Research Confirms Strength of Maori Concern
Te Ururoa Flavell, Member of Parliament for Waiariki
2 November 2007
Research released today by UMR which found that 41% of Maori surveyed considered that “the police have over-reacted and acted inappropriately” in what the media have described as ‘terror raids’ must make the nation take a long hard look at itself” said Te Ururoa Flavell, Waiariki MP.
“When we, the Maori Party, carried the concerns of our people to Parliament, telling of the traumatic effect of heavily armed police entering Ruatoki, searching vehicles and taking photographs, we were rubbished” said Te Ururoa Flavell. “Everyone fell into the scrum – the Police Association, the Prime Minister, NZ First leader, the Maori Affairs Minister and even some newspaper editors all scrambling over themselves to wag the finger at us”.
“Today’s data which reveals that only one in five of the Maori surveyed thought the Police had acted appropriately under the circumstances, must make those sceptics look again at the facts” said Flavell.
“Politics is all about perception. If 71% of Maori surveyed have been following the news stories about the Police arrests ‘closely’ and in fact 58% have followed it very closely (compared to 28% of non-Maori) then that tells us, the perception – and the concern - that Maori have expressed about this situation is pretty widespread”.
“In fact, all manner of New Zealanders have been speaking out about this issue” said Te Ururoa Flavell. “The Human Rights Commission has received official complaints from Maori and Pakeha about the police action; and this weekend a nationwide hui on human rights has been called to respond to the recent events”.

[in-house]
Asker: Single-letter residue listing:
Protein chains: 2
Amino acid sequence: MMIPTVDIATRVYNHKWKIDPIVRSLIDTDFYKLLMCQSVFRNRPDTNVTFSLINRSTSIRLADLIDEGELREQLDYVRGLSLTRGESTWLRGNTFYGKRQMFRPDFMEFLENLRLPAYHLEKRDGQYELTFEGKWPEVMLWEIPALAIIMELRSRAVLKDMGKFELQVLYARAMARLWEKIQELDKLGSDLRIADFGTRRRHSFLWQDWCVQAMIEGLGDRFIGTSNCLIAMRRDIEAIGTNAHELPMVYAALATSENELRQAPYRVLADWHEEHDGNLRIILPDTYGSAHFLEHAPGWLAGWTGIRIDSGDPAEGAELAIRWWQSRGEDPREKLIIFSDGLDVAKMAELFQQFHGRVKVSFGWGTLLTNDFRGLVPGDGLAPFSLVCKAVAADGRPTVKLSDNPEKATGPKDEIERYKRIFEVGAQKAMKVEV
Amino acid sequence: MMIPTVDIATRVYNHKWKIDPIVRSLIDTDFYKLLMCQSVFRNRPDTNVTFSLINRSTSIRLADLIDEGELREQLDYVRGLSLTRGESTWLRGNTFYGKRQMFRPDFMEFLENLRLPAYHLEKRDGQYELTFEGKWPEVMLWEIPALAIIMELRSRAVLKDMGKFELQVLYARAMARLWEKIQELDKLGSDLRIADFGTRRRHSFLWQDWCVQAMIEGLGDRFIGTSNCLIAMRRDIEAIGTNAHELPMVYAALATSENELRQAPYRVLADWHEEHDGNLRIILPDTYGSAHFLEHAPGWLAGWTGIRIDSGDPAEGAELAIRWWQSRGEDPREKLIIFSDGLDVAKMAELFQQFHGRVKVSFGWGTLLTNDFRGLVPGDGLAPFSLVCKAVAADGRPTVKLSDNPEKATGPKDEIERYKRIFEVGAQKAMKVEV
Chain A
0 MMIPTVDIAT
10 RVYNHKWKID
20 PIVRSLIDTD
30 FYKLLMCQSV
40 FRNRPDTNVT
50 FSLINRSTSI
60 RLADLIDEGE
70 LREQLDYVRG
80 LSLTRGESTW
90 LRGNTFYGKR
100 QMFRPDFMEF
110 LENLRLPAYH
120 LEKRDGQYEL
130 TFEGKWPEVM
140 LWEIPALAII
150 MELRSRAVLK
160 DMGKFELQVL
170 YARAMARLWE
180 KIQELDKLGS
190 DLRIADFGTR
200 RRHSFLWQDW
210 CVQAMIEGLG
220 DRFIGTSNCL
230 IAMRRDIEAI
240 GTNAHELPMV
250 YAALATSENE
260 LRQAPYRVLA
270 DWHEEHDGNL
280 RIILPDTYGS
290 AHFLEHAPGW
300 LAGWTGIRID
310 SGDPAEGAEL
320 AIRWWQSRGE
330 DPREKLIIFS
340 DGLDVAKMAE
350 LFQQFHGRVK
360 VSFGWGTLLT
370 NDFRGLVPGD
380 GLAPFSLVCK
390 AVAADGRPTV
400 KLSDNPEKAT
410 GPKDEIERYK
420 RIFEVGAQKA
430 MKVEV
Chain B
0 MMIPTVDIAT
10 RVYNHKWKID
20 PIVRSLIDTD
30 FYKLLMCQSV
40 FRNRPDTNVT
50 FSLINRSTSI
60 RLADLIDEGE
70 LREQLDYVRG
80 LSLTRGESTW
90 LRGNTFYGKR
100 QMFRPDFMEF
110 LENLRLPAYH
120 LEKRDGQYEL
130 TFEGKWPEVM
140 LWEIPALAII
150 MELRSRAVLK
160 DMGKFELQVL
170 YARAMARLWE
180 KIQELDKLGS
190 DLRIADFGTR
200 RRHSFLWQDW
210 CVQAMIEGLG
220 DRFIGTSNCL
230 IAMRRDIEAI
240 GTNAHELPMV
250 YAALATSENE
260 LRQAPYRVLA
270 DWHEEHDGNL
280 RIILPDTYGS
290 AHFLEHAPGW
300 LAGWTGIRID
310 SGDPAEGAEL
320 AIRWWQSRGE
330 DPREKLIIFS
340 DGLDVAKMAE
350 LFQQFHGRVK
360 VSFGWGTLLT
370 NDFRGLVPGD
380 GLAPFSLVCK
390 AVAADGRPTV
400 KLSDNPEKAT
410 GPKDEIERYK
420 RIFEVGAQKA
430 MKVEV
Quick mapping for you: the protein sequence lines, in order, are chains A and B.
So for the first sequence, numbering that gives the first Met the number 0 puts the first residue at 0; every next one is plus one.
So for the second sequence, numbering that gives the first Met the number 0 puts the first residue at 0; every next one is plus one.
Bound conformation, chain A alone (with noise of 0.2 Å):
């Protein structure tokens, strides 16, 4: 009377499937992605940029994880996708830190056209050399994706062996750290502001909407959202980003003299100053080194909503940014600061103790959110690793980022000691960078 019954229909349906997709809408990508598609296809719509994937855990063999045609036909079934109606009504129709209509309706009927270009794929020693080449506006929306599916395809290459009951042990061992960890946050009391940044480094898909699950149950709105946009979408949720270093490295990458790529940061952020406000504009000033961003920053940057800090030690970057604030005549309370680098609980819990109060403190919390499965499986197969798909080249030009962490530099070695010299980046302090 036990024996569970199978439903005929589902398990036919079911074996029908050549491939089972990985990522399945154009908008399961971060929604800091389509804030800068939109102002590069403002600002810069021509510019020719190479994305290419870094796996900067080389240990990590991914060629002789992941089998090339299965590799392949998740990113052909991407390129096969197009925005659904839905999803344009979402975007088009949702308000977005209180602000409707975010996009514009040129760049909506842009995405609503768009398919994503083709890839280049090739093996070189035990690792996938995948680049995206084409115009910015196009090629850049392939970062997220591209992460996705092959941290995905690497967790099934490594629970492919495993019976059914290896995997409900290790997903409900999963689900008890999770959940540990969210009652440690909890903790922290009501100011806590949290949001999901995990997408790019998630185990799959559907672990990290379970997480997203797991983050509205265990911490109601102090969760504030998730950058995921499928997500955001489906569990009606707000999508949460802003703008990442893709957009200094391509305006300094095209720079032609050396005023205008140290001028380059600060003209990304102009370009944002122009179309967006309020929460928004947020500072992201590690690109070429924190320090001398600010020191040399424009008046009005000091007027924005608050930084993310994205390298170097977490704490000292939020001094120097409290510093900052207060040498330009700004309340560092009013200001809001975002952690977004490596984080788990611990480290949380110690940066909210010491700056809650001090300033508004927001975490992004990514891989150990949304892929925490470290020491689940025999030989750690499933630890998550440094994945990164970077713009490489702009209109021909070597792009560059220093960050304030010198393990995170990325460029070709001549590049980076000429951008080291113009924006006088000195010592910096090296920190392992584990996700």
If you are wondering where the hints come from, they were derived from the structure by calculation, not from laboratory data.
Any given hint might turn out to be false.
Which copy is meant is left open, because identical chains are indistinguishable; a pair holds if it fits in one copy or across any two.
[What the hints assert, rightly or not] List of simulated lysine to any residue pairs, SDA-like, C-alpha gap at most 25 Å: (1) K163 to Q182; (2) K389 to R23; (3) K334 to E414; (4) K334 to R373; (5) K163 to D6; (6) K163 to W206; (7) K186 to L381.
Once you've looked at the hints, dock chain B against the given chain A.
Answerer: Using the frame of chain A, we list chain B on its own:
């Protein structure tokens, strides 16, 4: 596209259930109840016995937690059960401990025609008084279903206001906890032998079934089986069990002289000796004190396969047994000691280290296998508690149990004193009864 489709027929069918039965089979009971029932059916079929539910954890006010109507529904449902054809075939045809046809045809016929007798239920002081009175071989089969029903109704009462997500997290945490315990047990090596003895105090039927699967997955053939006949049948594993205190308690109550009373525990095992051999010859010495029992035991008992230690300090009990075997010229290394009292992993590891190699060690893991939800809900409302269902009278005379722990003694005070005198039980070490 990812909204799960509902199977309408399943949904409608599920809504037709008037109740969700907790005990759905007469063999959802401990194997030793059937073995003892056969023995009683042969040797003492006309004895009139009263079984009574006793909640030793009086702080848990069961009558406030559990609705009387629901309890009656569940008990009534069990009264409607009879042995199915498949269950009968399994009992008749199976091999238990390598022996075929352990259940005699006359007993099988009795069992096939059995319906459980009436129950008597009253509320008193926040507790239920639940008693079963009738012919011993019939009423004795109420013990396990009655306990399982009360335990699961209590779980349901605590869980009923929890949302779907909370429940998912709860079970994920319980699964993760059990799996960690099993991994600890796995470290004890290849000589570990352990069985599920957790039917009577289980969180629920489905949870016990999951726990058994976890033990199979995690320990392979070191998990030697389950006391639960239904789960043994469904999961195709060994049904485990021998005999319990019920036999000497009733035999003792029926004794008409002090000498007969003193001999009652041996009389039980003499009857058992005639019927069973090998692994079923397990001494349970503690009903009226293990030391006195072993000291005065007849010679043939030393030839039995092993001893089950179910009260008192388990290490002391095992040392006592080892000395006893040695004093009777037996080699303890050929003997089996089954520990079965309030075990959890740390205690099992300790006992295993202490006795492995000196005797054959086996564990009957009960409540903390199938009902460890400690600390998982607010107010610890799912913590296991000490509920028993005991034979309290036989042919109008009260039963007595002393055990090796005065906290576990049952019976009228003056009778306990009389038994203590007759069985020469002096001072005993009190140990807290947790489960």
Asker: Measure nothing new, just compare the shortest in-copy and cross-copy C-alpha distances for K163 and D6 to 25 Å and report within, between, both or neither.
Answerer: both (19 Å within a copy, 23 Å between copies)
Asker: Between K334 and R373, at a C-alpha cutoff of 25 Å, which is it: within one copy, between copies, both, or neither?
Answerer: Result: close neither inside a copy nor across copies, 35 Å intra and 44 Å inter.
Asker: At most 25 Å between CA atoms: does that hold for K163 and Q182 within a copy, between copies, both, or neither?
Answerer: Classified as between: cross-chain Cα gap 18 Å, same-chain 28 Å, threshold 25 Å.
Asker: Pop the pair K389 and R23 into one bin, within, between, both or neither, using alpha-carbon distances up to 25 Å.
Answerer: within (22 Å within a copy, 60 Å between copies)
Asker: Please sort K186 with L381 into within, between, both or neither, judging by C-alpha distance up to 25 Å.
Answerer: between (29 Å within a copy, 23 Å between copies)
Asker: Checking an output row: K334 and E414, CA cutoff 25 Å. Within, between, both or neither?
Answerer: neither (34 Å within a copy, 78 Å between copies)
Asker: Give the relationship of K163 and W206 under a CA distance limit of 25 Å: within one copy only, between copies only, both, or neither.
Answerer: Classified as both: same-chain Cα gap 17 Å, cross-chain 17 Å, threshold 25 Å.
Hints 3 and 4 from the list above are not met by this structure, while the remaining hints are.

“Rallies and public meetings continue to be held, and amongst Maori communities, concern is consistently expressed about the ways in which the police actions took place” said Te Ururoa Flavell.
“This issue will not just go away” said Mr Flavell. “This is an issue about the rule of law, and how it is adhered to or breached”.
• The National Council of Women were “distressed and angered to learn of a police raid on a safe house”;
• Rev Wayne Te Kaawa, Minister of the Presbyterian Church has spoken out calling for ‘justice to prevail’ in the light of what he describes as the “outrageous claims of terrorist camps in Ruatoki and the Urewera”;
• Dr David Williams, Professor of Law, has called for “reasoned discussions” of what indeed are the minimum parameters necessary for the operation of the State” while embracing the rights of indigenous peoples to self-determination”.